When P is less than p, log. P/p is negative, and the solution is negatively electrified, owing to the positive ions precipitating themselves with their positive charges upon the metal, which becomes positively electrified. If p could become infinity, log P/p would become minus infinity. As a matter of fact, these values are never reached, for the simple reason that as p depends on the number of ions in a unit-volume, it follows that, on dilution, p reaches nearly a maximum value for very moderate dilutions, when dissociation of the liquid is nearly complete; and, after that, the value of p is reduced rather than increased by further dilution.
According to this view, the electromotive force of the metals in their solutions depends, for a given temperature:
- Upon the “ solution-pressure ” peculiar to each metal.
- Upon the number of ions of the given metal present in the solution in which it is immersed.
If the “ solution-pressure ” peculiar to each metal were accurately known, we might write out an absolute electromotive series for the metals. Le Blanc proposes, on the basis of the work of Neumann, and on the supposition that the osmotic pressure of a totally dissociated normal solution (containing one gramme-molecule in the dissociated state) is equal to 22 atmospheres, a series of this kind, as follows:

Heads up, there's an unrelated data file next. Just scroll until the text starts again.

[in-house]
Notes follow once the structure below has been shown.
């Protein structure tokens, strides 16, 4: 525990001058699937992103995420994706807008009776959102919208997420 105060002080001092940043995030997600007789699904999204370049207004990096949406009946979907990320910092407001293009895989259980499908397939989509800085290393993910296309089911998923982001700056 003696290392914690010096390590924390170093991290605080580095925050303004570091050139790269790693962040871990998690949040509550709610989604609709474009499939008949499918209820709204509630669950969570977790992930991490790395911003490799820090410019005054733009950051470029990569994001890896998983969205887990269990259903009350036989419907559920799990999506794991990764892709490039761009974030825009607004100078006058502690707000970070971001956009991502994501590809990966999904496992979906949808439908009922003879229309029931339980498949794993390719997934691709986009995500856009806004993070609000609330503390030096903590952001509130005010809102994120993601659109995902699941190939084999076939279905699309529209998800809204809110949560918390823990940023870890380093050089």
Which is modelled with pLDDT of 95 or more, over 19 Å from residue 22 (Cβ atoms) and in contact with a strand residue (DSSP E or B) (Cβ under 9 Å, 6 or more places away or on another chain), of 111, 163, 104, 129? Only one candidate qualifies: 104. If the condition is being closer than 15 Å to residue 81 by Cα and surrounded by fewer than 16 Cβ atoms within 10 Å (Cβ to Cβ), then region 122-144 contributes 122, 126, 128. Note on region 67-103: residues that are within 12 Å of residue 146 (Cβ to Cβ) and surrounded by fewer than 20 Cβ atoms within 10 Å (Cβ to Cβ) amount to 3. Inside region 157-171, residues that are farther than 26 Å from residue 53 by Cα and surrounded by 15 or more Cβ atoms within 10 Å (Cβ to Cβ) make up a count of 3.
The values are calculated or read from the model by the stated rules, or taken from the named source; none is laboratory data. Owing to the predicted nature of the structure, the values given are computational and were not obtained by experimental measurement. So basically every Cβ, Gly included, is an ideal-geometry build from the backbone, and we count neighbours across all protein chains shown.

But it is in the varying number of ions present in solution that the true explanation of the apparent anomalies in the electromotive series was found. According to this theory the position of the metal in the series ought to vary in different solutions in accordance with the number of ions of the given metal that can exist in the given solution.
The anomalous position of copper, gold and silver in cyanide solutions is here explained for the first time. According to this view, there are very few metallic ions of these metals in solutions of their cyanides. For example, the double cyanide of gold and potassium (potassium auro-cyanide) dissociates, in part, first into a positive ion K (+) and a negative ion AuCy2 (—). The latter, in accordance with the “ mass- law,” also dissociates, to a very slight extent, into AuCy (±) and Cy (—), and the AuCy, in accordance with the same mass-law, dissociates, to an almost infinitesimal extent, into Au (+) and Cy (—). The metallic gold ions, thus existing to an almost infinitesimal extent in cyanide solutions, are the only ones that exert an osmotic pressure against the solution-pressure of the gold. Hence, in spite of the low solution-pressure of the gold, the still lower osmotic pressure of the few gold ions present renders the potential of the gold in cyanide solutions remarkably high. Its solubility, also, is thereby explained.